"The tradition within westerns has always been to incorporate historical figures into stories, but at that time these figures were not historical — they were very much contemporary," Demian Katz explains. "Dime novels had no hesitation about telling a story right out of the headlines. There's one called Custer's Last Shot about Custer's last stand, which was on the newsstand within months of the Battle of Little Big Horn."
Some of the heroes of these tales like Buffalo Bill Cody even took to chronicling their own lives, under their own names or through a ghostwriter. Prentiss Ingraham, who wrote many of the "Buffalo Bill" stories for the Beadles, worked as an agent for Cody's famed Wild West shows.
Surprisingly, the most popular western character was not a historical figure like Cody or Wild Bill, but a black-garbed antihero created by New York novelist Ed Wheeler. Deadwood Dick was a former outlaw trying to outrun his violent past. Debuting in 1877, he appeared in hundreds of books over the next three decades.
Many readers were convinced that Dick had to be as real as Buffalo Bill and Calamity Jane, who sometimes joined him in his exploits. Even the town of Deadwood, South Dakota, wasn't sure. In 1926, locals wondered about the true identity of the resident named Dick Clark. Clark "confessed" to being Deadwood Dick and took to dressing the part whenever a journalist needed a story or someone at the bar was buying. He was even brought to Washington to shake hands with President Calvin Coolidge.
Television revived the legend with a 1966 episode of Death Valley Days entitled "The Resurrection of Deadwood Dick."
Blood And Thunder
The success of the dime novels form the Beadles and other prominent publishers did not shield them from accusations of lowering the standards of literature with lowbrow "blood and thunder" stories that had little artistic value.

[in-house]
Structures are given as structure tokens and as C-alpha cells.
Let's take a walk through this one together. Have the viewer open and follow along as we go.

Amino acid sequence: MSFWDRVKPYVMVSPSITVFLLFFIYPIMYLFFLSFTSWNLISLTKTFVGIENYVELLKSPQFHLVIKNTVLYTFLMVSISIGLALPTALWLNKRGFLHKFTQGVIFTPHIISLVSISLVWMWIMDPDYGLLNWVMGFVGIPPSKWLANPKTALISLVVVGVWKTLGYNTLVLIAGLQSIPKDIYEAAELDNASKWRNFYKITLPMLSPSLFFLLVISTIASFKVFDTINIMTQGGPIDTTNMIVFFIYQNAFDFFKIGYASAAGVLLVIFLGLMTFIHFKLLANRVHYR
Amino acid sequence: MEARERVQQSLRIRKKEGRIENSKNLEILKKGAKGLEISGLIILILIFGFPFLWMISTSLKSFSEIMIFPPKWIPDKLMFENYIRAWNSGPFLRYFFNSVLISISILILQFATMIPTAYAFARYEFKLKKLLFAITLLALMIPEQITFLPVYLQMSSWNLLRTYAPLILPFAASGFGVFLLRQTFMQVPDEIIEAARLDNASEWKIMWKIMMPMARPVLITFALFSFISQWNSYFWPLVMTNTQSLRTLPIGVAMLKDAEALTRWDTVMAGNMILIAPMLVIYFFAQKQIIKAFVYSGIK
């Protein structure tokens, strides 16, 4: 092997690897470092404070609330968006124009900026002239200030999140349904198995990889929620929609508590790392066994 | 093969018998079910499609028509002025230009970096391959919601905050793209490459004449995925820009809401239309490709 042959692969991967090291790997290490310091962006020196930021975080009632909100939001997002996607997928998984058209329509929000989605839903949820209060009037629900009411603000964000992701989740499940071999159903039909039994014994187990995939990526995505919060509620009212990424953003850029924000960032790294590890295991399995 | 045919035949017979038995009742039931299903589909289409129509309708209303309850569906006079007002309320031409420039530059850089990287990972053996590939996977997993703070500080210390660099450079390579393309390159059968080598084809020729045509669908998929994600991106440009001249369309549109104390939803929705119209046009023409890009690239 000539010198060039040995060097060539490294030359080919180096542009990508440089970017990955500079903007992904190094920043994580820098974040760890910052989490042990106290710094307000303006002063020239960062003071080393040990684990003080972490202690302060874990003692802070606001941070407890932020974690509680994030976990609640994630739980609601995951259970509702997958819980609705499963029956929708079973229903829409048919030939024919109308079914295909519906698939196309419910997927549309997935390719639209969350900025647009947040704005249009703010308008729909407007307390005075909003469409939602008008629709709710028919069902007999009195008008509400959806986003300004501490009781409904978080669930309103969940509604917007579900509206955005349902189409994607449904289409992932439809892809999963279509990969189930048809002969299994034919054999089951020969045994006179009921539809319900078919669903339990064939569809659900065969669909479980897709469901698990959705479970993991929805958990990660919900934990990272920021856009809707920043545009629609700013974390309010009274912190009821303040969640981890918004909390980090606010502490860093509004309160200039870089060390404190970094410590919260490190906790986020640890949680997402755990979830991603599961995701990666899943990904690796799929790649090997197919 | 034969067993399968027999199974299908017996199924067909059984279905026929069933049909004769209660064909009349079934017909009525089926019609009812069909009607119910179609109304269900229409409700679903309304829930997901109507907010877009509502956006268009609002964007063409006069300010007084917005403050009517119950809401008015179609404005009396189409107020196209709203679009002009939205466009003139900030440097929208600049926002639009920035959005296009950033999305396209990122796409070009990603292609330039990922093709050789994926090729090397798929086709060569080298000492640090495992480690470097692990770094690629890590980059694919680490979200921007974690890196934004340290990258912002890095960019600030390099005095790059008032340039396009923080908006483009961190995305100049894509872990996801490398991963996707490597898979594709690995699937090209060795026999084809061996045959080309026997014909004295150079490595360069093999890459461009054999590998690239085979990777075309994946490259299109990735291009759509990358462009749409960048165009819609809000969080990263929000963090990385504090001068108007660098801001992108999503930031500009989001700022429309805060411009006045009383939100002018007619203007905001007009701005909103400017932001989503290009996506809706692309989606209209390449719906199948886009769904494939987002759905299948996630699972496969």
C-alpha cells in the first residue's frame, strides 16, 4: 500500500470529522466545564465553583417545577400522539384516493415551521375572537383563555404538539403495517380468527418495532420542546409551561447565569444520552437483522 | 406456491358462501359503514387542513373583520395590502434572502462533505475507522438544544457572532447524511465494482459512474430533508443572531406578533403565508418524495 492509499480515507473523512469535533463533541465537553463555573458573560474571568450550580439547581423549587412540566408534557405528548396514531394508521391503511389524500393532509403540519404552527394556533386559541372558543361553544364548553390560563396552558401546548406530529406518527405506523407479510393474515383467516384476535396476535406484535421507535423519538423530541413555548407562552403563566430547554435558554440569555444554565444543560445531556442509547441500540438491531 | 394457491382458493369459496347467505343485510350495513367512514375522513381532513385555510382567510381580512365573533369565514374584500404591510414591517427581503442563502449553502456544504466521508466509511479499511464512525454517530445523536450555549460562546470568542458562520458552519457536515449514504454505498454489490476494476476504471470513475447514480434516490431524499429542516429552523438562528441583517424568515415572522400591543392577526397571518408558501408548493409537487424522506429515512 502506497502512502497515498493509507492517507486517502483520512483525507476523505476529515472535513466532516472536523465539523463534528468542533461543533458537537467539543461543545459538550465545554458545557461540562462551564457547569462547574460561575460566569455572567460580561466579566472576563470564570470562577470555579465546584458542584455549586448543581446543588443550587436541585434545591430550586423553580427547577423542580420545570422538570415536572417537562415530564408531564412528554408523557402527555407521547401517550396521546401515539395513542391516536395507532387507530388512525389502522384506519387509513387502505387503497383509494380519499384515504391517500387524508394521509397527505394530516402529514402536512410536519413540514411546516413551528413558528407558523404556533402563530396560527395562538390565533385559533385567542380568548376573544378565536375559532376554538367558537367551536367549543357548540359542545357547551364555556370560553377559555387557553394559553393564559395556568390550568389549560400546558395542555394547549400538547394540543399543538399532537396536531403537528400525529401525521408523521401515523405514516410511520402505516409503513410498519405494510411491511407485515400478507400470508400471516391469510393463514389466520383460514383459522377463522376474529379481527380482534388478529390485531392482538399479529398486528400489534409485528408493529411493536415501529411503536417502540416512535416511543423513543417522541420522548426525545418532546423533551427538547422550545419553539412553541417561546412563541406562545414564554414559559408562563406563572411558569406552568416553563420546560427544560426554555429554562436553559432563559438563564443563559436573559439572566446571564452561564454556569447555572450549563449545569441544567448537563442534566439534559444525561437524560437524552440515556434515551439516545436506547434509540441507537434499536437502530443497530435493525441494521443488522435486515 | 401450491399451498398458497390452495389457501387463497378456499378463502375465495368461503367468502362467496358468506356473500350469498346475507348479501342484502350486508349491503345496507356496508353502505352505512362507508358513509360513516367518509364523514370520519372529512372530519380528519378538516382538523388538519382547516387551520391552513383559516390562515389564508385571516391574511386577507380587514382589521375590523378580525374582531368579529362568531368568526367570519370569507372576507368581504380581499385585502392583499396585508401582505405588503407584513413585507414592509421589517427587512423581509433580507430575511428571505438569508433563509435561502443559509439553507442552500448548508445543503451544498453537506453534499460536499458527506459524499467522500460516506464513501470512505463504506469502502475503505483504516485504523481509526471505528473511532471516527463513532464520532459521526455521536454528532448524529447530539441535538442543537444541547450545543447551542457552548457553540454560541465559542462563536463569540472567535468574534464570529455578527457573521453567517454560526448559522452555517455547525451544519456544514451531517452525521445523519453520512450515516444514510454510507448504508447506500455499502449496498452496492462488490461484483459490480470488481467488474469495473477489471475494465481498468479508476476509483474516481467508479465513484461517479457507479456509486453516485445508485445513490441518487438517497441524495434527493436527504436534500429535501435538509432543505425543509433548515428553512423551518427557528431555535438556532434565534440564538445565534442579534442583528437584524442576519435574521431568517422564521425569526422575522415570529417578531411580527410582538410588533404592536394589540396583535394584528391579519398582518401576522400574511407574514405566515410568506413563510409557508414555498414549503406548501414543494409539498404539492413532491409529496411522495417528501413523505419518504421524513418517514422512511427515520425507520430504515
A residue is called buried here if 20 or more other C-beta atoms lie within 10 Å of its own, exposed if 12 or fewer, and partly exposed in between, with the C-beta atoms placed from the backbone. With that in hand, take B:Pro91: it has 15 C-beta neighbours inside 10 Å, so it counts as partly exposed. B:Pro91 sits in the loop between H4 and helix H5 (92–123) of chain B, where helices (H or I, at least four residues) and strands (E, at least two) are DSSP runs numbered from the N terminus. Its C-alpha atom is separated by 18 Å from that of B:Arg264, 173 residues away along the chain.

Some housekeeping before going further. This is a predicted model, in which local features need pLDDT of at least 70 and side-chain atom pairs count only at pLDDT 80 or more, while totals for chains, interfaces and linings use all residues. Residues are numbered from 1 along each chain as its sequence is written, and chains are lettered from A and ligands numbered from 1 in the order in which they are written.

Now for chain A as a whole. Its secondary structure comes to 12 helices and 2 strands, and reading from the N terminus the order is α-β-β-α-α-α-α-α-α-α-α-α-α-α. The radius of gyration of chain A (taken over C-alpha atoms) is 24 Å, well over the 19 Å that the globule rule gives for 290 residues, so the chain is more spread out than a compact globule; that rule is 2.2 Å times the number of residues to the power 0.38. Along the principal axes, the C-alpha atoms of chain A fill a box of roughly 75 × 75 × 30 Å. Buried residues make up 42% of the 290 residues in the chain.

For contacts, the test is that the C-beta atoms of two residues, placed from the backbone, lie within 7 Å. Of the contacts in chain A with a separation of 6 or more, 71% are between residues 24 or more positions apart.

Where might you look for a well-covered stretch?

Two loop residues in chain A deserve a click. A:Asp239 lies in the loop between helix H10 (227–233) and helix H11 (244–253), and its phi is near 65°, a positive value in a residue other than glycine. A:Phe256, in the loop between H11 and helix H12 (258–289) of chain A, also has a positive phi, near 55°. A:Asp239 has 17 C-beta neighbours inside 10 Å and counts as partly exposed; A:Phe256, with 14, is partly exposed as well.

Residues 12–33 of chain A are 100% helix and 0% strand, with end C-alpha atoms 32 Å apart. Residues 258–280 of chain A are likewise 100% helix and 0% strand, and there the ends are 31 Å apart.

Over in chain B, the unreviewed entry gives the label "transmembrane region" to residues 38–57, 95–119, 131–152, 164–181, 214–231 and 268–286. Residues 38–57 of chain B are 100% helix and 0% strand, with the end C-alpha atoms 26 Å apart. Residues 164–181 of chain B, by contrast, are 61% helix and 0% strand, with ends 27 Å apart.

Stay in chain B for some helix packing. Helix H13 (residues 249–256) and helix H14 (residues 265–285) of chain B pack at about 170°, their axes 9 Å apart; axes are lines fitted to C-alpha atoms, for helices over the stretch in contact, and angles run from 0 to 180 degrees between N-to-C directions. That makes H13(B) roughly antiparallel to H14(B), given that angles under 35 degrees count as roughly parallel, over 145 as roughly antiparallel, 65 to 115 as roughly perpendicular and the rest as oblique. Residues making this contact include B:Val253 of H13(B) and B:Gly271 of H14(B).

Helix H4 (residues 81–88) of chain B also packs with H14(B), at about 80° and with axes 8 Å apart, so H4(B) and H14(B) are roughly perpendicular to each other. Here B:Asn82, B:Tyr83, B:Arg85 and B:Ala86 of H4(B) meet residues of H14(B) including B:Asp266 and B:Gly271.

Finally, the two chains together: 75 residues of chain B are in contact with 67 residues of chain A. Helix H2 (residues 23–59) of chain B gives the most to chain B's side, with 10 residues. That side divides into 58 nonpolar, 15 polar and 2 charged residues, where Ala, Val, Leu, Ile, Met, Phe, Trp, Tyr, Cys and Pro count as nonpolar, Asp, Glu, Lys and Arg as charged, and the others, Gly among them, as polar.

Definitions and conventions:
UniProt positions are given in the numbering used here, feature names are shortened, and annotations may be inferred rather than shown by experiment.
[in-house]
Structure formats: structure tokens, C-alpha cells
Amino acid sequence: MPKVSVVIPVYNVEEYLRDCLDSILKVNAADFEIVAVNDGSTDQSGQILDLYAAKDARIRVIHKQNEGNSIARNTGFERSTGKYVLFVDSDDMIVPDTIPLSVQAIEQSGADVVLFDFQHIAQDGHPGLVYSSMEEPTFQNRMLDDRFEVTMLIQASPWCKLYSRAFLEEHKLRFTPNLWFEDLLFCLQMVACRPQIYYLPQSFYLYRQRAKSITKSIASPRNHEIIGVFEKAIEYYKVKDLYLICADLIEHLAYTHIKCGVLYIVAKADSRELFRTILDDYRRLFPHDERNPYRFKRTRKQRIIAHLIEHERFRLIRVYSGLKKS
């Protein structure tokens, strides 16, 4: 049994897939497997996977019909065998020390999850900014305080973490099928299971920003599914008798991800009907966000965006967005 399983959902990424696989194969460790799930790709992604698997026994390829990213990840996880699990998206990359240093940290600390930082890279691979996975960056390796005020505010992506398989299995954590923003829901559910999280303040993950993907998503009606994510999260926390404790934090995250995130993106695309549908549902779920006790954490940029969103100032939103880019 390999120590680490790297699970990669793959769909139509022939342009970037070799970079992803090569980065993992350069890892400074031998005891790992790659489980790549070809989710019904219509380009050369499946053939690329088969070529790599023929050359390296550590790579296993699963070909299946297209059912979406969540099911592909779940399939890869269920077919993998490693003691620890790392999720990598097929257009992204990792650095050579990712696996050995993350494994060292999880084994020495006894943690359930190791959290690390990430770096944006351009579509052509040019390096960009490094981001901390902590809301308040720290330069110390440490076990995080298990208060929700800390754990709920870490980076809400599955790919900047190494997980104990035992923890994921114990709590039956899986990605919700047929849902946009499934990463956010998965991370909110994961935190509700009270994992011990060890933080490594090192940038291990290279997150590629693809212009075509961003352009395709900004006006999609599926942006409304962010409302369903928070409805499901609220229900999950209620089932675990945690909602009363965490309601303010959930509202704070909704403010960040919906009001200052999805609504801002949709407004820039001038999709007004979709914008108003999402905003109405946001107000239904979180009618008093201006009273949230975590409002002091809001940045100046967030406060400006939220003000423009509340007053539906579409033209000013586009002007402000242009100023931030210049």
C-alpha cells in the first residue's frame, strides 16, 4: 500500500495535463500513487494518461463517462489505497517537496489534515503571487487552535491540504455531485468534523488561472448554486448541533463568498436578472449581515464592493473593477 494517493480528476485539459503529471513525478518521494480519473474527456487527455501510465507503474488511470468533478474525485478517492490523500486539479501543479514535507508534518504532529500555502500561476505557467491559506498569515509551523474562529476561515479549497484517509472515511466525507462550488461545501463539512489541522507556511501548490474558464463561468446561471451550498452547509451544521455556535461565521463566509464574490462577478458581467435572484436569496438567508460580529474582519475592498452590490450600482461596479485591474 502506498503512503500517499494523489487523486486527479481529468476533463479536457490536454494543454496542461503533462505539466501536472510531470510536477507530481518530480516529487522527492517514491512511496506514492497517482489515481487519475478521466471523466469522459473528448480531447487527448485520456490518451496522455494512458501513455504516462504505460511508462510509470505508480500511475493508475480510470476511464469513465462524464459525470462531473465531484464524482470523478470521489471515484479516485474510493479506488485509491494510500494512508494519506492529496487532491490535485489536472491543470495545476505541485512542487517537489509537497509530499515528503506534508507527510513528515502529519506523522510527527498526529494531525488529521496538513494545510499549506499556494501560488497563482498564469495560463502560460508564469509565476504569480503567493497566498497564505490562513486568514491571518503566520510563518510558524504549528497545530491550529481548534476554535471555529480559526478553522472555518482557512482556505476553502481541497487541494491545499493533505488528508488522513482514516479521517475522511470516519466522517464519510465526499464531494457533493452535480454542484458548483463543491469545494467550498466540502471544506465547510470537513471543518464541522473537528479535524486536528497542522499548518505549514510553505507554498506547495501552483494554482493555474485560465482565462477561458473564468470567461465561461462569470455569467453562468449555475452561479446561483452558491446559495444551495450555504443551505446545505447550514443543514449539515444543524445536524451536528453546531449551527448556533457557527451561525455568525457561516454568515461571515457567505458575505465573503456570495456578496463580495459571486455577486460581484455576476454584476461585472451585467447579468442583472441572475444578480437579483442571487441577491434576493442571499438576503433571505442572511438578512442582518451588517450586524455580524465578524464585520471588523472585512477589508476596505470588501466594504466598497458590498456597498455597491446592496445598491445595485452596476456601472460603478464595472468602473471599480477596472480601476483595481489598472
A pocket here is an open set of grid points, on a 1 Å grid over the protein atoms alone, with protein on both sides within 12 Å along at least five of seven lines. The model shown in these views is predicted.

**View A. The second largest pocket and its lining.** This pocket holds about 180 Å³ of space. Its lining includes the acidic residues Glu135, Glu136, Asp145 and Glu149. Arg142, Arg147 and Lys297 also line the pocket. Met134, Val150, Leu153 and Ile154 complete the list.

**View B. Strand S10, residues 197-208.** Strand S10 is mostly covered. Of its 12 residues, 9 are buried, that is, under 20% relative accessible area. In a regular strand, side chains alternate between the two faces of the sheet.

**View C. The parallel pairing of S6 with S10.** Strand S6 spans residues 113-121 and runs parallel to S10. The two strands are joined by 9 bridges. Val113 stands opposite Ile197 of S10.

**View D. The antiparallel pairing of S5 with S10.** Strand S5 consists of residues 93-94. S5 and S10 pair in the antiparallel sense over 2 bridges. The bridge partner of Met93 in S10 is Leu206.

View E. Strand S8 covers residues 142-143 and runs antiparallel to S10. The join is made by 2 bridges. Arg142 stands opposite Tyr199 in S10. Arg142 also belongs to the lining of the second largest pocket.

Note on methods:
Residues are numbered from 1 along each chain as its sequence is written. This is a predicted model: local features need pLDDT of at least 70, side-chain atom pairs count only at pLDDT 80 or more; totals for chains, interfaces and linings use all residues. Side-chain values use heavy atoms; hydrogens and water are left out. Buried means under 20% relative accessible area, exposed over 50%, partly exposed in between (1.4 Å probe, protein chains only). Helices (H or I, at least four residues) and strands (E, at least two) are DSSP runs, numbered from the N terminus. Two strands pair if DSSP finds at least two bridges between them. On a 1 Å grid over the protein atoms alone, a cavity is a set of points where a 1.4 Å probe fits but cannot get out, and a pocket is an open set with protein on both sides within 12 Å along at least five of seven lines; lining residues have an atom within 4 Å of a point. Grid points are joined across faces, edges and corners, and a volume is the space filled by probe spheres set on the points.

"When they were first introduced, dime novels were more mainstream and read by adults as well as children," Short says. "But by the end of the 19th century, you see certain publishers like Frank Tousey targeting teenagers and young boys, and then the reputation of the format began to change."
Stories about Frank and Jesse James raised concerns from postal authorities about distributing works glorifying outlaws. "[United States Postal Inspector] Anthony Comstock not only published a scathing critique of dime novels but also sent Frank Tousey to prison for, allegedly, corrupting children and leading them to commit violent acts," Short says.
Even the inclusion of reprinted stories from Charles Dickens and George Eliot did not cleanse the unsavory reputation of the dime novels — though that may have been just as well since the Beadles didn't always pay for the publishing rights. "These publishers were looking to make money as efficiently as possible, and that meant not just selling quick popular fiction in the U.S. but pirating material from overseas," Katz says. Even Malaeska, which helped establish the format, was a story that had first appeared 20 years earlier in a magazine called The Ladies' Companion. In this case, however, author Ann Stephens was compensated for the reprint with $250.